President Obama never seems to get Asia trips to go the way they are planned.
As he begins an ambitious weeklong visit to four Asian countries, the White House is hoping this one sticks to the agenda, which includes economic, trade, and security measures to demonstrate that his much-talked-about “pivot” to the Pacific is paying off. But the administration knows that regional tensions and instability in Ukraine are certain to force their way into the talks he will hold with other leaders—and just may steal the spotlight.
Before flying to Japan, the president on Tuesday will stop in Oso, Wash., the town about 50 miles northeast of Seattle where 41 were killed and two dozen homes were destroyed in a devastating mudslide March 22. From there, he will go to Tokyo, then to South Korea on Friday, Malaysia on Saturday, and the Philippines on Monday.
Second only to ending the wars in Iraq and Afghanistan, the pivot to Asia has been one of the signal foreign policy changes Obama has implemented as president. But his efforts to personally champion that policy overseas have often been stymied.
In 2009, Chinese officials hijacked an Obama town-hall meeting in Shanghai, packing it with communist supporters. In 2010, two planned trips to Indonesia were canceled because of the health care debate and the Gulf oil spill. When he did make it to Indonesia that year, he had to cut the trip short because volcanic ash threatened to ground Air Force One. Then, last October, the president had to cancel plans to attend two regional summits because of the government shutdown at home.
At the time, the cancellation raised questions about the depth of the Obama’s commitment to the region that is leading the world in economic growth. It also offered an opening for China to fill in regional leadership.
This week, Obama gets to try again. But this trip takes place against a backdrop of Russian provocations in Ukraine that have raised questions about the U.S. resolve to come to the aid of threatened allies. That, said Michael J. Green at the Center for Strategic and International Studies, is “the bad news for the president.” Green, who was director for Asian Affairs at the National Security Council for much of George W. Bush’s presidency, said there “are questions in the region … particularly among allies, about American staying power and the credibility of American commitments.”
Green said Ukraine has exacerbated the situation, but the questions first were raised after the president failed to respond forcefully to Syria’s use of chemical weapons. Obama’s response to Syria, he said, “really rattled” Asian leaders dealing with Obama.
But Jeffrey A. Bader, who was senior director for East Asian Affairs on the NSC in Obama’s first term, believes the fears about U.S. credibility will prove unfounded on the trip, calling it “fundamentally false” that Japan or other U.S. allies “are nervous about the U.S. reaction to Ukraine.” Bader said the president will find Asian leaders even more welcoming of a robust American security presence in Asia because of Ukraine.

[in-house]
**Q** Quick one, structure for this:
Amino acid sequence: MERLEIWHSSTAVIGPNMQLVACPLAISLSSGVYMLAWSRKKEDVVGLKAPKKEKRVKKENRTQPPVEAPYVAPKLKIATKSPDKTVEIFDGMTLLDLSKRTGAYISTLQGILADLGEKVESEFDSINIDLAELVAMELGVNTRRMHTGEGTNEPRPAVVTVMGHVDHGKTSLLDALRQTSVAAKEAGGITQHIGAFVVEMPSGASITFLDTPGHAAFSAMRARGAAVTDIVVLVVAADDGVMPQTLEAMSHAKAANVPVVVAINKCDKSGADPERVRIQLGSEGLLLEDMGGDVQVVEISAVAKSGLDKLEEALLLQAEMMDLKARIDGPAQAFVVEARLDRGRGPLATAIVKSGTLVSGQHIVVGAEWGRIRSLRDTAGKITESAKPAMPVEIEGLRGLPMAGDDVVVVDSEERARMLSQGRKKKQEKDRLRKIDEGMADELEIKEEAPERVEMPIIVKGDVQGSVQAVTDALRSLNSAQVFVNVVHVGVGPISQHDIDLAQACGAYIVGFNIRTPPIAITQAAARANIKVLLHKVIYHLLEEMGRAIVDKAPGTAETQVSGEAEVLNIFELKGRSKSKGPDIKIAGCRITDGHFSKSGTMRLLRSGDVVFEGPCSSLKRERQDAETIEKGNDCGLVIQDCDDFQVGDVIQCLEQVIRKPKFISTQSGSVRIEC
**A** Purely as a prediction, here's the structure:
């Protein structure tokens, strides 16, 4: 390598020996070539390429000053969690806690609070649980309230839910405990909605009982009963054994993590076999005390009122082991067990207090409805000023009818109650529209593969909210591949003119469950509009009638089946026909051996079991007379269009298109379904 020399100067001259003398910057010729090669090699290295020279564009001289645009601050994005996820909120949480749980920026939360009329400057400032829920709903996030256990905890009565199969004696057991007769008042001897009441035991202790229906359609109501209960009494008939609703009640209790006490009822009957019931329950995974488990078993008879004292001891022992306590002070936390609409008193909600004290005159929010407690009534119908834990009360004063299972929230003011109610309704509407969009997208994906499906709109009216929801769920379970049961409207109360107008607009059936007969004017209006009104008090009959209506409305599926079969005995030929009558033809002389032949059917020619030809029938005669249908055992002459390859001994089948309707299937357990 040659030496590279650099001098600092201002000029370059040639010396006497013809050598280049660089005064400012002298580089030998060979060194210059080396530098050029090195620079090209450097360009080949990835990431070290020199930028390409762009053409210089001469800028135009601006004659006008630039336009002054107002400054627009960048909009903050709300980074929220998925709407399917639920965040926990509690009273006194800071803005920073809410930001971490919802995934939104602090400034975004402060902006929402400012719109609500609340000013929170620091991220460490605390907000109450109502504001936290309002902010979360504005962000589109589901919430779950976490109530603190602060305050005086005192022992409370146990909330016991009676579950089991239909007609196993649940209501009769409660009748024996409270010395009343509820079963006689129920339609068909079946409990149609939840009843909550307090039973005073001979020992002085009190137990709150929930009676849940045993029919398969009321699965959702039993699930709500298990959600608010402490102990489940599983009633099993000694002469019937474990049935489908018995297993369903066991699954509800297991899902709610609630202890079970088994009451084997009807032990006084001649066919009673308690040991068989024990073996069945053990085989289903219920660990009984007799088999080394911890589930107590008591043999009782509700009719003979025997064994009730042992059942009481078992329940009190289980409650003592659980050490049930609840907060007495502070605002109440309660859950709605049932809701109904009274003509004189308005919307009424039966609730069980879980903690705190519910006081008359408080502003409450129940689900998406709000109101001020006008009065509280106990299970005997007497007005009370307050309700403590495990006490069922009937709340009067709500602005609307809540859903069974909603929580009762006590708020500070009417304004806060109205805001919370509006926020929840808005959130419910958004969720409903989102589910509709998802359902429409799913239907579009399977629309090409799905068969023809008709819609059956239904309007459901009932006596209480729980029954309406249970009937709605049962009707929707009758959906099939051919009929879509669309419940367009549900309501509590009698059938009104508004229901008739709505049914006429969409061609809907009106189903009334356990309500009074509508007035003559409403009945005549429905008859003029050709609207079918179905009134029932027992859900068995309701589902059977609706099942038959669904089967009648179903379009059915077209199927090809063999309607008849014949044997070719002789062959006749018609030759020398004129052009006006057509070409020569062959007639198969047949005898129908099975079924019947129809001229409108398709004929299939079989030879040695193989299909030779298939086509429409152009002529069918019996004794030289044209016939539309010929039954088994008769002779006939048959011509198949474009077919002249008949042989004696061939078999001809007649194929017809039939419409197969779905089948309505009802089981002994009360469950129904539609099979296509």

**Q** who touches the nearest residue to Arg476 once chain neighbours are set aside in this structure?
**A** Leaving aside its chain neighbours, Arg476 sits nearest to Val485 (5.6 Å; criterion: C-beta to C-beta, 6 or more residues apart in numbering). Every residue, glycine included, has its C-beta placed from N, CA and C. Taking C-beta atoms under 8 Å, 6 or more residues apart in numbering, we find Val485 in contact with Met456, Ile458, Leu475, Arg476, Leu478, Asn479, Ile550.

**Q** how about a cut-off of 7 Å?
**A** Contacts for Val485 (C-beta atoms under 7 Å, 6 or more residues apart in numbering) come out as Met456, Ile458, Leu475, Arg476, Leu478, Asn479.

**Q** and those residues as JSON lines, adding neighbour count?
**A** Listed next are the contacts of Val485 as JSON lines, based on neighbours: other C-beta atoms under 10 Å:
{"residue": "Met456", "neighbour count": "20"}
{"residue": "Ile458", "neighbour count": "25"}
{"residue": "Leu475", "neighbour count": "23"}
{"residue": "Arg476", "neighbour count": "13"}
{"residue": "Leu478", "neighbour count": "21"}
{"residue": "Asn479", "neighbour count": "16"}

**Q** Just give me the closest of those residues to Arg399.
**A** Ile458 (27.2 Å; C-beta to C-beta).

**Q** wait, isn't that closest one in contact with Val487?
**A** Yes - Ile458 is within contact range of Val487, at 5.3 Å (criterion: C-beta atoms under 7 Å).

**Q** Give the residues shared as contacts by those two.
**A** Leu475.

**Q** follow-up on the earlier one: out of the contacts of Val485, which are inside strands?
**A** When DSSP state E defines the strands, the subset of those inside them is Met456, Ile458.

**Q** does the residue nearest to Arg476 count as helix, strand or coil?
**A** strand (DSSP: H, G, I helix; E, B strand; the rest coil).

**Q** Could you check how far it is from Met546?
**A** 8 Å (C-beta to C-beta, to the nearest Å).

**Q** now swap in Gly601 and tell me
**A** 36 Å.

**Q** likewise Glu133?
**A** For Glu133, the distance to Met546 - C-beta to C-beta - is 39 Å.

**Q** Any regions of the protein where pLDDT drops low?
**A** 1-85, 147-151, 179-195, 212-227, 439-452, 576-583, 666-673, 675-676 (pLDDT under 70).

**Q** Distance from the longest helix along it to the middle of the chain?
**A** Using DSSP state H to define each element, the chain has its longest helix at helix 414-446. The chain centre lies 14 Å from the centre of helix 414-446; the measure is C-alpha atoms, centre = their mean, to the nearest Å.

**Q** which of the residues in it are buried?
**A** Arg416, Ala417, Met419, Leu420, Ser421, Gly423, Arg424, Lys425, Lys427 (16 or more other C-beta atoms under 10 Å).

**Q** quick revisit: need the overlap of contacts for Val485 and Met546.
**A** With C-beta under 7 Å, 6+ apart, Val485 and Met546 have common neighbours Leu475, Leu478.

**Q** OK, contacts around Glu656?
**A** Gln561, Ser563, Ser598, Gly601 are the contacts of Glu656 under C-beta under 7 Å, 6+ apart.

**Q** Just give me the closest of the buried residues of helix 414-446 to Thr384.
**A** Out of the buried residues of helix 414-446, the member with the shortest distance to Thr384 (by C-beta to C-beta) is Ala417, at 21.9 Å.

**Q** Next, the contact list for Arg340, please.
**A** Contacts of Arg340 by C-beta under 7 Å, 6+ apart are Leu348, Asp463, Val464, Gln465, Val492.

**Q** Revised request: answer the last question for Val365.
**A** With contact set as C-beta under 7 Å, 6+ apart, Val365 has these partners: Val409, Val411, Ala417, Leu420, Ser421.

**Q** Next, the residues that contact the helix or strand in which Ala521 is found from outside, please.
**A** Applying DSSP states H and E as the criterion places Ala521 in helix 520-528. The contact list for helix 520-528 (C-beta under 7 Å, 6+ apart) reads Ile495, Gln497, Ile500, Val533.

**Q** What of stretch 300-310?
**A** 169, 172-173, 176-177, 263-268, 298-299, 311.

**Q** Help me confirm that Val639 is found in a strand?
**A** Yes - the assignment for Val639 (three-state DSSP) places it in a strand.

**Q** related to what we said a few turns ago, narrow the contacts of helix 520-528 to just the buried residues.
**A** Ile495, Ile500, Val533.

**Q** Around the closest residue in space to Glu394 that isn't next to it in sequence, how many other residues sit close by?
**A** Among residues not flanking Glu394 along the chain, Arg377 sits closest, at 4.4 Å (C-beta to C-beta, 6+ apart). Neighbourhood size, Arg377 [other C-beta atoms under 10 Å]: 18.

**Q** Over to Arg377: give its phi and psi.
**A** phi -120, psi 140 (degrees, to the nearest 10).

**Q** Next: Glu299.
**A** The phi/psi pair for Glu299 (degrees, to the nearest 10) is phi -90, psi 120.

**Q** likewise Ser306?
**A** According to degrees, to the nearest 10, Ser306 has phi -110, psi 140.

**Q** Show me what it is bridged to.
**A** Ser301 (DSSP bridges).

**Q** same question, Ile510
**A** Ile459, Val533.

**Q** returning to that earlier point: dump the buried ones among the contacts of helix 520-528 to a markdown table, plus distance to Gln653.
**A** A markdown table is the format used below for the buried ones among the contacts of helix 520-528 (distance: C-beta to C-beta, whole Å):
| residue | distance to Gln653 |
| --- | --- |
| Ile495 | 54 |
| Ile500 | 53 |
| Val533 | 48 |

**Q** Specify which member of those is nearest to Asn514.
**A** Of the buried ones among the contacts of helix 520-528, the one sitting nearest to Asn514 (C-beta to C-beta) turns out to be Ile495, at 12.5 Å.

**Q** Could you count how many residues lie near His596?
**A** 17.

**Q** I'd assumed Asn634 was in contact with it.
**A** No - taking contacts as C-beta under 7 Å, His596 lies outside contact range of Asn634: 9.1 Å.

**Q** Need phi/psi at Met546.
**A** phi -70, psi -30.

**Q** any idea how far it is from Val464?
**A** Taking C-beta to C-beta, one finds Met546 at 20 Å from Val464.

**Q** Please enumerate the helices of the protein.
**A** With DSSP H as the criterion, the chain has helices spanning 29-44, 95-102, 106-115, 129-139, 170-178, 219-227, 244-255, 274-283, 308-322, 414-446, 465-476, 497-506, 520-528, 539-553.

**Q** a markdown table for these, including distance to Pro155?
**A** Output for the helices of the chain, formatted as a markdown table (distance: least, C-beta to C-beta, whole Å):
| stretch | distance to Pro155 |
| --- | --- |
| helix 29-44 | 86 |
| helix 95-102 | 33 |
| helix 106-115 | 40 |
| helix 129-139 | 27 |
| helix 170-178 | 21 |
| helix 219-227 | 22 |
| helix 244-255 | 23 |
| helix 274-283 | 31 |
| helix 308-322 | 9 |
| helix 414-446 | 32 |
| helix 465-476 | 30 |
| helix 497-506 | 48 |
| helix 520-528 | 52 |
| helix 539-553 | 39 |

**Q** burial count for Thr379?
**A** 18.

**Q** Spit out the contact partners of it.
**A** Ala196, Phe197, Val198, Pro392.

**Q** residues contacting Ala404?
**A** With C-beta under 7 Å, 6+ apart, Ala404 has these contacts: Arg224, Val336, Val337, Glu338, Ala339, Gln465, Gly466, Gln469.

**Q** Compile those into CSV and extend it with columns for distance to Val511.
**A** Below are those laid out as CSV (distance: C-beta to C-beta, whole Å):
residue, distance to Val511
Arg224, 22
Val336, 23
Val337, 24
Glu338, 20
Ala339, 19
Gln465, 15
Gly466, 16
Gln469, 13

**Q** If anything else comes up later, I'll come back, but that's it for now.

Indeed, the word most heard describing Obama’s mission on the trip is “reassurance”—reassurance that the United States will honor its treaty obligations in the Pacific, reassurance that the president is serious about pushing a major trade deal through a balky Congress, reassurance that the pivot to Asia is more than rhetorical, and reassurance that American policy toward China is properly balanced. National Security Adviser Susan Rice called the trip “an important opportunity to underscore our continued focus on the Asia-Pacific region.”
Meeting with reporters at the White House, Rice stressed the reasons for the pivot, noting that “over the next five years, nearly half of all growth outside the United States is expected to come from Asia.” She said Obama sees “a significant demand for U.S. leadership in that region.”
But Rice also acknowledged that Ukraine will have an impact on the agenda. “The countries of the region clearly are watching this carefully and are cognizant of the implications for the larger international order,” she said.
As always, the growth and influence of China hovers over the trip, even though the president will not be stopping there. Kenneth G. Lieberthal, senior director for Asia on Bill Clinton’s NSC, said that “a major underlying issue throughout the trip” will be “whether the president can strike the right balance between providing confidence that the U.S. will meet its security commitment without being drawn into language and promises that will tilt toward making China the bulls-eye.” That will require some diplomatic finesse when the other leaders bring up their disputes with China over islands and territorial borders in both the South China Sea and the East China Sea. And it will require the president to carefully defend his pivot without it coming across to Beijing as a strategy to “contain” China.
Another challenge for the president is finding a way to achieve progress on the 12-country Trans-Pacific Partnership trade talks, which are currently stalled. Talks in Tokyo resume Tuesday in a last-minute effort to break a stalemate over market access. Washington is pressing hard for the slashing of Japanese tariffs that effectively keep American beef and pork out of the Japanese market and Tokyo is pushing for easier access to the American market for Japanese autos.
“Betting is against any breakthrough,” Green warned, in part because the Asian leaders are well aware that the president is unable to deliver his own party in Congress to support a trade deal, even if it is achieved. “The Japanese side argues that the president’s not willing to make the case for trade promotion authority or fast track, so why should Japan take a hit and do all of the hard politics?”